More info at Blue Zones.


Some aspects of meaning that I find in own experience…

First, there is a sense of meaning that comes from culture and personality. This sense of meaning comes from moving towards what a story tells me should be, and it tends to feel a little hollow. Some examples here are living a “good life” for the purpose of aligning with an idea. Patriotism. Giving ones life to the corporation. Eating vegetarian even if we don’t quite get why at a gut level. Living up to a certain image. Or living up to any “should” in the culture/subculture in general. (Tools to explore these stories: The Work.)

A variation of this one is to see meaning as somehow fixed, an objective purpose “out there”, to be found or missed, and the objective meaningfulness of our life hinges on finding and living it. This is a good way to create stress for ourselves since we will always wonder how to find this objective purpose, whether we have found it or not, if there isn’t something more, and to what extent our life measures up to it. (Tools: The Work.)

There is also a sense of meaning (at least for me) in finding wholeness at a body-mind level. In moving towards it, taste it, live from the wholeness of who I am that includes body and mind. I can find this through body-centered practices (yoga, mindful exercise), mediation, allowing/being with experience, working with projections/shadows, and many other ways. There is a sense of coming home in myself and of a nurturing richness and fullness. Also, independent of the external circumstances, there is little or no sense of being a victim or lacking. (Tools: Body-oriented practices such as yoga, tai chi, chi gong, aikido etc. Meditation. Allowing/being with experience. Working with projections/shadows through The Work and the Big Mind process. Mindful exercise such as Total Immersion Swimming.)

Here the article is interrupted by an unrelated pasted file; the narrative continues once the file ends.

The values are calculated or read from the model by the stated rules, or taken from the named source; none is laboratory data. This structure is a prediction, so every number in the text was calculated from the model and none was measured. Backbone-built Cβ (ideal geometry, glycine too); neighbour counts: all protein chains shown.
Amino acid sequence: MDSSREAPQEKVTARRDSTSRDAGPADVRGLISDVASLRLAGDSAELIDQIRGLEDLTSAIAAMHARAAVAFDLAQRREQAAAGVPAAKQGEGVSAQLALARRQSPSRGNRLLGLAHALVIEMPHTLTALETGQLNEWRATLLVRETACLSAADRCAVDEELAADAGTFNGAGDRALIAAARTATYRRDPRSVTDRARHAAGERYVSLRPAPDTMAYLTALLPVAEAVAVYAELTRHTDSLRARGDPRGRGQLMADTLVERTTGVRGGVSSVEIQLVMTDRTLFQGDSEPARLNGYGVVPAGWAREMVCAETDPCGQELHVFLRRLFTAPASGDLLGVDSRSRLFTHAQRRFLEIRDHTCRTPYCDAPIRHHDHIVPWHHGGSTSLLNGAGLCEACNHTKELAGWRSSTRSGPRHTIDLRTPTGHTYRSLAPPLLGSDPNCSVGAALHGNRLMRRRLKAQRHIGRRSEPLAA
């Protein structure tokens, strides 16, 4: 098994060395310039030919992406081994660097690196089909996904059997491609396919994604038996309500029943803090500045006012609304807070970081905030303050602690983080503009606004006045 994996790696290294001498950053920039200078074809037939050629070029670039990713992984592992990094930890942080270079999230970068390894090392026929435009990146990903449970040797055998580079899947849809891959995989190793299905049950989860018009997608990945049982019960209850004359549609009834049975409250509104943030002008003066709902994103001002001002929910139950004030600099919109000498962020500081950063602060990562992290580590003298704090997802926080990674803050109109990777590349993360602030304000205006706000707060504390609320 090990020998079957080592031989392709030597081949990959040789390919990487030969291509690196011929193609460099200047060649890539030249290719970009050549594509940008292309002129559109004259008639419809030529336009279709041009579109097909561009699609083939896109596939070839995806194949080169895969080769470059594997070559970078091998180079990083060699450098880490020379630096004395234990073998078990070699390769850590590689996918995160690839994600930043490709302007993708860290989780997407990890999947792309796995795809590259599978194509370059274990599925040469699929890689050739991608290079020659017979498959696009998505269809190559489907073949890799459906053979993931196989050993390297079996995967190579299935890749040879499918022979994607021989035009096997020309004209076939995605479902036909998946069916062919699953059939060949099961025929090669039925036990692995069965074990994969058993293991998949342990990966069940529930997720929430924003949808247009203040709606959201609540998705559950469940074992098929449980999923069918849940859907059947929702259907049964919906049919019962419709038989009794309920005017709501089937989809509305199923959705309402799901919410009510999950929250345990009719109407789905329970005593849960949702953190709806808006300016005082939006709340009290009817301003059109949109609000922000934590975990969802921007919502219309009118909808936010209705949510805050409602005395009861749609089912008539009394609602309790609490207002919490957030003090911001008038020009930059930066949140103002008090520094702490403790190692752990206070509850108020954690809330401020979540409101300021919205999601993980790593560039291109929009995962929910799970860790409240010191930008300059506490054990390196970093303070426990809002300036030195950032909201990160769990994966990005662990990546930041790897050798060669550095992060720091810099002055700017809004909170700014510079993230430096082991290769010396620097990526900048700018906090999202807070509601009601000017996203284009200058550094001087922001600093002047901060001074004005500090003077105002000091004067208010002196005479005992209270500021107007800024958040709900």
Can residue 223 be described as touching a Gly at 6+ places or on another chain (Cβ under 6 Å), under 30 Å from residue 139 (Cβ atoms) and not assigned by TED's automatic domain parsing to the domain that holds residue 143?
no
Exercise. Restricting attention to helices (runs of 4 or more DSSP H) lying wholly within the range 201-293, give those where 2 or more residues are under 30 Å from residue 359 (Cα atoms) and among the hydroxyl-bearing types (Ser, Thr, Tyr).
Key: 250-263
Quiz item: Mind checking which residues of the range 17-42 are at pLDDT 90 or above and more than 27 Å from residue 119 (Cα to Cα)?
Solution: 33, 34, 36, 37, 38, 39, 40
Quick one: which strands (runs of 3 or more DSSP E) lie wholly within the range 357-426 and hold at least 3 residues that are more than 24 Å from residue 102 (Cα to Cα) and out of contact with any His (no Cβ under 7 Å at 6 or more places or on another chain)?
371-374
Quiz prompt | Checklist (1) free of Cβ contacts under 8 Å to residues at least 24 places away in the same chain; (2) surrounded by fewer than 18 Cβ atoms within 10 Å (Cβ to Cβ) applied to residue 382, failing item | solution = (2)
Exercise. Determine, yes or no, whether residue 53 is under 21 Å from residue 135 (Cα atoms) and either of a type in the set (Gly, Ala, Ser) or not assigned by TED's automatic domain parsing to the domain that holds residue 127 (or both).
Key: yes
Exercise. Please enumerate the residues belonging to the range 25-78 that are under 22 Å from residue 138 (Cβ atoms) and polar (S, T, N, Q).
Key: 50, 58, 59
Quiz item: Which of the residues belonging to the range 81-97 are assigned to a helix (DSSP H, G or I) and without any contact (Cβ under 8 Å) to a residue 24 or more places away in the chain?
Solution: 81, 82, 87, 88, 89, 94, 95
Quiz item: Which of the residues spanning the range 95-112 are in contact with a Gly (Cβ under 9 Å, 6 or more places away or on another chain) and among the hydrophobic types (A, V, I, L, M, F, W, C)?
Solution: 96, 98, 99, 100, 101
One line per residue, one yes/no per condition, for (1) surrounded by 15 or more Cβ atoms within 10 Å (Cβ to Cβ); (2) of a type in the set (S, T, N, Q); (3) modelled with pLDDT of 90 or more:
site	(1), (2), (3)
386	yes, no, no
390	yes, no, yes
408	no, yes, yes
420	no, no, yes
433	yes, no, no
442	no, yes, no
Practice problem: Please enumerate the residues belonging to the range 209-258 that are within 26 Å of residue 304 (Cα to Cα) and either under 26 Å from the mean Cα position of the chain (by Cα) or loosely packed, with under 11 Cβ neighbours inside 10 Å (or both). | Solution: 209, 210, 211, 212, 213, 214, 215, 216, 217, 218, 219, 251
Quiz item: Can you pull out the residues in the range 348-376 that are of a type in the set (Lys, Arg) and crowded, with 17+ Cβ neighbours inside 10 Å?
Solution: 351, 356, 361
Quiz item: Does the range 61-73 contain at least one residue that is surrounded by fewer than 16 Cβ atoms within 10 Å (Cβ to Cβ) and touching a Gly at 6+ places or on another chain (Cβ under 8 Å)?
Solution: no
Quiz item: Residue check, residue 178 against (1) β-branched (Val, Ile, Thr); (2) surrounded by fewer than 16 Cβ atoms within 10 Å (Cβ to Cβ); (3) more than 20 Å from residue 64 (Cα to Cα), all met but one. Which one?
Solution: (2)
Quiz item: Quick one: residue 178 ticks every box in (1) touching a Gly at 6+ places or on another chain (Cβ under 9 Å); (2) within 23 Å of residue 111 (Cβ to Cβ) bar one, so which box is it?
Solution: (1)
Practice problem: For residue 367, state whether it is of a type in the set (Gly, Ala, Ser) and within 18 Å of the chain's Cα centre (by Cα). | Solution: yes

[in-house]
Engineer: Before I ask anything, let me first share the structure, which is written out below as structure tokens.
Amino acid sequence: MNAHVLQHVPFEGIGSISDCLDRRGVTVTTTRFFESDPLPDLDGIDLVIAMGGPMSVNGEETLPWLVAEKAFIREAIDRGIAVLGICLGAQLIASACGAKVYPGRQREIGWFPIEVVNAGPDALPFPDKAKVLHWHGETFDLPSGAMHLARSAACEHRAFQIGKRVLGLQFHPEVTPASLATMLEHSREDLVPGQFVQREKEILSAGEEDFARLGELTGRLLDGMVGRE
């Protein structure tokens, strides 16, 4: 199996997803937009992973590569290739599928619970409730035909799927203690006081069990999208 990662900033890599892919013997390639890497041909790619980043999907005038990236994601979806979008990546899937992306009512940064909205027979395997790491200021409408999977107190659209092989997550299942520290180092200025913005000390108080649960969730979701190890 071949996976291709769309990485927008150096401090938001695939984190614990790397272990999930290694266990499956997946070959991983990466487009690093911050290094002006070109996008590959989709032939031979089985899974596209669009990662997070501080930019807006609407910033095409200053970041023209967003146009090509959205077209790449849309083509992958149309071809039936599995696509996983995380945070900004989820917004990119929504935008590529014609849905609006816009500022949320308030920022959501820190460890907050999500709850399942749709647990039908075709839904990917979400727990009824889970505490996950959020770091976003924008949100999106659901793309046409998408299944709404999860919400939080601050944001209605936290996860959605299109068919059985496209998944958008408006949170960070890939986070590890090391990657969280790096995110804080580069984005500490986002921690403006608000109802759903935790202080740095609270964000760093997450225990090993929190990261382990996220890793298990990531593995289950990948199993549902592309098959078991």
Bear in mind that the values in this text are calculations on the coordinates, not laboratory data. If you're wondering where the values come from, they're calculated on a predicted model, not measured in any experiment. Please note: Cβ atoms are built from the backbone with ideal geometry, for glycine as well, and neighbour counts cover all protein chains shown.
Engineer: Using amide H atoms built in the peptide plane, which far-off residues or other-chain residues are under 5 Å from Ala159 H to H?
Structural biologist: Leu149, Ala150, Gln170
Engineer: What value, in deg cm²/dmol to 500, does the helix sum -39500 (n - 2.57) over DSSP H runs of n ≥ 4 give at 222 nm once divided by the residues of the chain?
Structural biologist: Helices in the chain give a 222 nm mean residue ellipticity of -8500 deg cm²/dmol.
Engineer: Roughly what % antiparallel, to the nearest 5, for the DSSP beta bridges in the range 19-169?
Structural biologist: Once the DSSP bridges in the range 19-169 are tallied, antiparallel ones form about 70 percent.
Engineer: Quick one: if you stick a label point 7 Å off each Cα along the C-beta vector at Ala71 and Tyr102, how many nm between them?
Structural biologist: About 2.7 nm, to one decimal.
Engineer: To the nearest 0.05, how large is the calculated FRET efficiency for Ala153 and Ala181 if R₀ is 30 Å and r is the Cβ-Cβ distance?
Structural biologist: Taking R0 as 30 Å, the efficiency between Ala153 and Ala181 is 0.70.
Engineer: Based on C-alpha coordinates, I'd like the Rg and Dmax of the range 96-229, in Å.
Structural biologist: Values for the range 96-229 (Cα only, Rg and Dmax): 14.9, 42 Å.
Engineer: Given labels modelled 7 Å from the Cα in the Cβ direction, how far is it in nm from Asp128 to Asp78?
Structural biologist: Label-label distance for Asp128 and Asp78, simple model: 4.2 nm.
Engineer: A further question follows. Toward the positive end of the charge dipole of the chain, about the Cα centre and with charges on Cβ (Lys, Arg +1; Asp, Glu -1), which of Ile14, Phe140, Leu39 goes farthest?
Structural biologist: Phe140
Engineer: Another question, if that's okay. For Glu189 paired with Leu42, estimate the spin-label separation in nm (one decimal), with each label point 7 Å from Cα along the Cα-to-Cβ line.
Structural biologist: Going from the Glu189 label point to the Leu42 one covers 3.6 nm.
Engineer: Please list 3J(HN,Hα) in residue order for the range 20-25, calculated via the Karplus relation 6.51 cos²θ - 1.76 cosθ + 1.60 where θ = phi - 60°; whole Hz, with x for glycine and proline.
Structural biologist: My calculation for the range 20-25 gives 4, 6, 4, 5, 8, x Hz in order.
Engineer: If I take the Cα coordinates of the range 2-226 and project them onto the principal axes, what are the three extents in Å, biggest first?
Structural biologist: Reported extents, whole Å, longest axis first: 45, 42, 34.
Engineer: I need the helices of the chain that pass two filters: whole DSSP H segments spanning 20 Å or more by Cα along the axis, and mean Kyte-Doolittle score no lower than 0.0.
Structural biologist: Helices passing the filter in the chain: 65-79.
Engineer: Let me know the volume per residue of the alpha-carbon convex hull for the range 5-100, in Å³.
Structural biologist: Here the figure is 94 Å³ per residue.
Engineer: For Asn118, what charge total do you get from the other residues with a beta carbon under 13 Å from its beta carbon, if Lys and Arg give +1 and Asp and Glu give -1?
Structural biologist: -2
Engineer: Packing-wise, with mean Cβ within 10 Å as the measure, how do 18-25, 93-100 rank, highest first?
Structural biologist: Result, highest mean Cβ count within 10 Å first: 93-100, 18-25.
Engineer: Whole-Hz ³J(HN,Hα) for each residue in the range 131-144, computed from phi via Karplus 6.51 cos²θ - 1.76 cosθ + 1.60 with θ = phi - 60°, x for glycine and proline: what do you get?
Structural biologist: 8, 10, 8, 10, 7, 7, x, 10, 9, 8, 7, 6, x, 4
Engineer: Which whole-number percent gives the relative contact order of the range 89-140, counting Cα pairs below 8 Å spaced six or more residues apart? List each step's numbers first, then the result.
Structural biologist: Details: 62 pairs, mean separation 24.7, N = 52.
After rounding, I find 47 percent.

Related to that one is the sense of meaning that comes from feeling connected with the wider world. With others, a landscape, life, Earth as a whole, the universe as a whole. This can happen in many different ways, and often through receptivity and an open heart, and (with the intention of) living our life for the benefit of the larger whole. (Tools: Tong len, well-wishing, prayer, intention to live for the benefit of the larger whole, Joanna Macy’s practices to reconnect, the universe story.)

And there is also a sense of meaning from the soul level. The soul level can express itself in many ways, for instance through an alive presence in/around the body which is timeless and in time, universal and personal, and has a sense of being infinitely insightful and kind. Or from recognizing all as awareness and all content of awareness as one. The sense of coming home goes even further here, is even more independent on life circumstances, and is even more nurturing. (Tools: Prayer, soul level shaktipat, unraveling knots at personality level.)

Then there is the sense of meaning that comes from how I relate to situations. I can use any situation as an invitation to – and material for – healing and maturing as who I am, and what I am noticing itself. (Tools: The Work and any other.)